L a - b e a u t é - s a u v e r a - l e - m o n d e ~ D o s t o ï e v s k i

L a - b e a u t é - s a u v e r a - l e - m o n d e  ~  D o s t o ï e v s k i

Sunday, September 30, 2018

The princely brothers of Cooch-Behar - portraits by Lafayette Studio, 1901-13

1902. (Probably taken on the occasion of Edward VII's coronation.)

H. H. Maharaja Shri Raj Rajendra Narayan Bhup Bahadur, Maharaja of Cooch-Behar (11 April 1882, Calcutta - 1 September 1913, Cromer, Norfolk), eldest son of Maharaja Nripendra Narayan of Cooch-Behar. Educated at Eton and Oxford, where he played with the University polo team, he also attended the coronation of Edward VII in 1902. He succeeded his father in 1911, but died just two years later - apparently from the effects of alcoholism - at the age of only thirty-one. Being unmarried and without issue, he was succeeded by his next oldest brother.

Maharaja Rajendra Narayan wears two diamond and pearl necklaces and two strands of pearls in his portrait.
His sarpech looks to be set completely with diamonds.



H.H. Maharaja Shri Sir Jitendra Narayan Bhup Bahadur, Maharaja of Cooch-Behar (20 December 1886, Cooch-Behar - 20 December 1922, London), second son of Maharaja Nripendra Narayan of Cooch-Behar. He attended Eton and Edinburgh University, and attended both the coronation of Edward VII in 1902 and that of George V in 1911. In London two years later, he married Indira Raje, the daughter of the Maharaja of Baroda; six days later, his elder brother died and he became ruler of Cooch-Behar. He and his wife had five children together. But it seems that alcoholism was endemic in his family and he, too, succumbed to the effects of the disease; he died on his thirty-sixth birthday. He was succeeded by his seven-year-old elder son.

Maharaja Jitendra Narayan wears one of the necklaces his brother wears above, along with three strands of pearls...
... but his sarpech is different.
At close range, the retouching done by Lafayette - de rigueur at the time - is quite obvious.


The four sons of Maharaja Nripendra Narayan of Cooch-Behar, 1901.

Left to right:

Lieutenant-Colonel Maharaj Kumar Shri Victor Nitendra Narayan (21 May 1887 - 31 October 1937, Osterley, Surrey), the third brother, was also educated at Eton and then with the Imperial Cadet Corps at Dehradun. He served as a member of the bodyguard to George V at the Delhi Durbar in 1911. He married the daughter of a lawyer in 1916 and had two sons. He died in a motor accident in England at the age of fifty.

H. H. Maharaja Shri Sir Jitendra Narayan Bhup Bahadur, Maharaja of Cooch-Behar, the second brother. (See above.)

H. H. Maharaja Shri Raj Rajendra Narayan Bhup Bahadur, Maharaja of Cooch-Behar, the eldest. (See above.)

The youngest brother, Lieutenant-Colonel Maharaj Kumar Shri Hitendra Narayan (1 July 1890, Darjeeling - 7 November 1920, Darjeeling), was also educated at Eton and, subsequently, with the Imperial Cadet Corps at Dehradun, he fought and was decorated for his service during World War I, but died suddenly at the age of only thirty.

Friday, September 28, 2018

A rocky descent - transitional hemlines, circa 1928-30

I rather love that brief but strange and potent period of fashion history when ladies' dresses were shifting their lines and shape from that of the Twenties into that of the Thirties. Even as the now-iconic look of the latter decade - the straight-edge, close-cropped, waistless Garçonne silhouette - was finally being universally accepted, waistlines began flirting with a woman's actual waist. And just as skirt lengths reached their greatest height yet - skimming or even floating above the knees - hemlines started falling. Sort of. For a few years fashion designers and the dress-buying public didn't seem able to decide what length they preferred. So while the front of the skirts stayed knee-length, the sides or back frequently headed for the floor. All sorts of unusual configurations were employed in this endeavor: completely bi-level skirts, longer overskirts, long and full sash ends, exaggerated handkerchief hems, all manner of flounces and floating panels. Some of these creations were wonderfully graceful - poetic, even - while others were just odd and awkward. Unlike other periods of fashion, when one style seemed to blend fairly seamlessly - oh, I made a pun! - into the next, this transition was a bit of a slow-motion scramble. And it would seem that the hard-edged, boyish Twenties refused to give in to the softly feminine Thirties without a fight.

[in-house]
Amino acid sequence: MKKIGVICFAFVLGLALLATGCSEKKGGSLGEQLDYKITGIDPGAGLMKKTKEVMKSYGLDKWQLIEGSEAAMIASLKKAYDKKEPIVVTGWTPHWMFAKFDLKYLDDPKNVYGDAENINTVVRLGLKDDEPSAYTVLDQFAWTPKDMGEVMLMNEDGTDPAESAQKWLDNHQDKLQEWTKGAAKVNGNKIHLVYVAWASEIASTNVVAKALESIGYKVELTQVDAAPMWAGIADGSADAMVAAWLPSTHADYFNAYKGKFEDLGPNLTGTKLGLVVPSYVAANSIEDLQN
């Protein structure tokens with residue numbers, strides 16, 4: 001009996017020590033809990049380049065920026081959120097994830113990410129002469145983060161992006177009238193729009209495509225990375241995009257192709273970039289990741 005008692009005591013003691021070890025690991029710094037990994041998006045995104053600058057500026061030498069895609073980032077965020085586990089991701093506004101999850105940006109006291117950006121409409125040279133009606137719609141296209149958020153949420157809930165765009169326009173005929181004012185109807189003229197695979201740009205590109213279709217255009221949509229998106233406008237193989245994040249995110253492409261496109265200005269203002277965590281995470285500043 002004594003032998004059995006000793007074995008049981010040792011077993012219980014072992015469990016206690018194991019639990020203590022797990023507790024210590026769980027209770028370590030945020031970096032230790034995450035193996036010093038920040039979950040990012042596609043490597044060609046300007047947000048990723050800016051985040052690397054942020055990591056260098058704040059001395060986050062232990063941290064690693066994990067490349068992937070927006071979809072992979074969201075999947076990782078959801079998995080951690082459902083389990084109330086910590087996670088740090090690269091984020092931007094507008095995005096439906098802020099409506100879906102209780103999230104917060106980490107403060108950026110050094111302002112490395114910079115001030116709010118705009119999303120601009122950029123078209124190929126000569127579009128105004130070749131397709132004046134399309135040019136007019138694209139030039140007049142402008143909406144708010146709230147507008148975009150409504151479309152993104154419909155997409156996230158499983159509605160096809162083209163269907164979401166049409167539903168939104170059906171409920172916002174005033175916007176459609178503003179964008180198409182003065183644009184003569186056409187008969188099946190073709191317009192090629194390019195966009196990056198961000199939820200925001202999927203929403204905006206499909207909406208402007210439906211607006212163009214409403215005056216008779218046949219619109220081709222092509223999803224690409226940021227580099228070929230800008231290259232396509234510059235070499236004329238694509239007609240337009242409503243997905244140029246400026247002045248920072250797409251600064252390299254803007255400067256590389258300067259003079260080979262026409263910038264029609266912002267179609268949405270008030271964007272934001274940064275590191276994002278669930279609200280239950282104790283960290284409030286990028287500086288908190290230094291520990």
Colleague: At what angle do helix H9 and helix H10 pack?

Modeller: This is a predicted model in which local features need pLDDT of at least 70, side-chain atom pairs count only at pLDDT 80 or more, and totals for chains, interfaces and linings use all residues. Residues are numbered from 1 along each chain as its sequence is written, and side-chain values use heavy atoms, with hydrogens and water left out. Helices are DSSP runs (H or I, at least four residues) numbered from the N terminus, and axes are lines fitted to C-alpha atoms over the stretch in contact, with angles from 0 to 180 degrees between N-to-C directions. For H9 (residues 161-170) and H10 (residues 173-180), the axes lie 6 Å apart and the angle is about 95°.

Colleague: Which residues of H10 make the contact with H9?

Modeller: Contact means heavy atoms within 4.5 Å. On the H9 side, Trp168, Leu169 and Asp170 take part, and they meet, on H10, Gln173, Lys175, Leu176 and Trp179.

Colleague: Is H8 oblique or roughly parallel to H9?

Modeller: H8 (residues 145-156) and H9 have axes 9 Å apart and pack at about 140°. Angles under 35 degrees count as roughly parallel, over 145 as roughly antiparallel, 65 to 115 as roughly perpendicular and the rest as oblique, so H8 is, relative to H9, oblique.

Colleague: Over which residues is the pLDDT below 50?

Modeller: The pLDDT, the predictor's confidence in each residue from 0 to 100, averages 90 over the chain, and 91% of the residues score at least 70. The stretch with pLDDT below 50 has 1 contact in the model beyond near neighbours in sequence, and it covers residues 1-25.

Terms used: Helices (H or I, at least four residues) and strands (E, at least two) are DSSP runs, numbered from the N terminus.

Sunday, September 23, 2018

Rooms, flowers, mirrors, ladies, boys - a selection of the work of Francis Campbell Boileau Cadell

As all the titles of these pieces are rather pointless - "The Black Hat", "The White Room", "The Boxer" or here, "The Orange Blind" - I'm just not going to bother....


Francis Campbell Boileau Cadell (12 April 1883, Edinburgh – 6 December 1937, Edinbugh), Scottish Colourist painter, known for his depictions of the elegant New Town interiors of his native Edinburgh, and for his work on the island of Iona. The son of a surgeon, from the age of sixteen he studied in Paris at the Académie Julian. While in France he was exposed to work of the early Fauvists - in particular, Matisse - which proved to be a lasting influence. After his return to Scotland, he was a regular exhibitor in Edinburgh and Glasgow, as well as in London. Cadell spent most of his adult life in Scotland and had little contact with many of the new ideas that were being developed abroad. He therefore tended to paint subjects that were close at hand: landscapes, fashionable Edinburgh New Town house interiors, still lifes, and figures. He was much inspired by the landscape of Iona, which he first visited in 1912, and which features prominently in his work. With the worsening economic climate of the 1930s, he found it increasingly difficult to sell his work, and he died in relative poverty at the age of only fifty-four.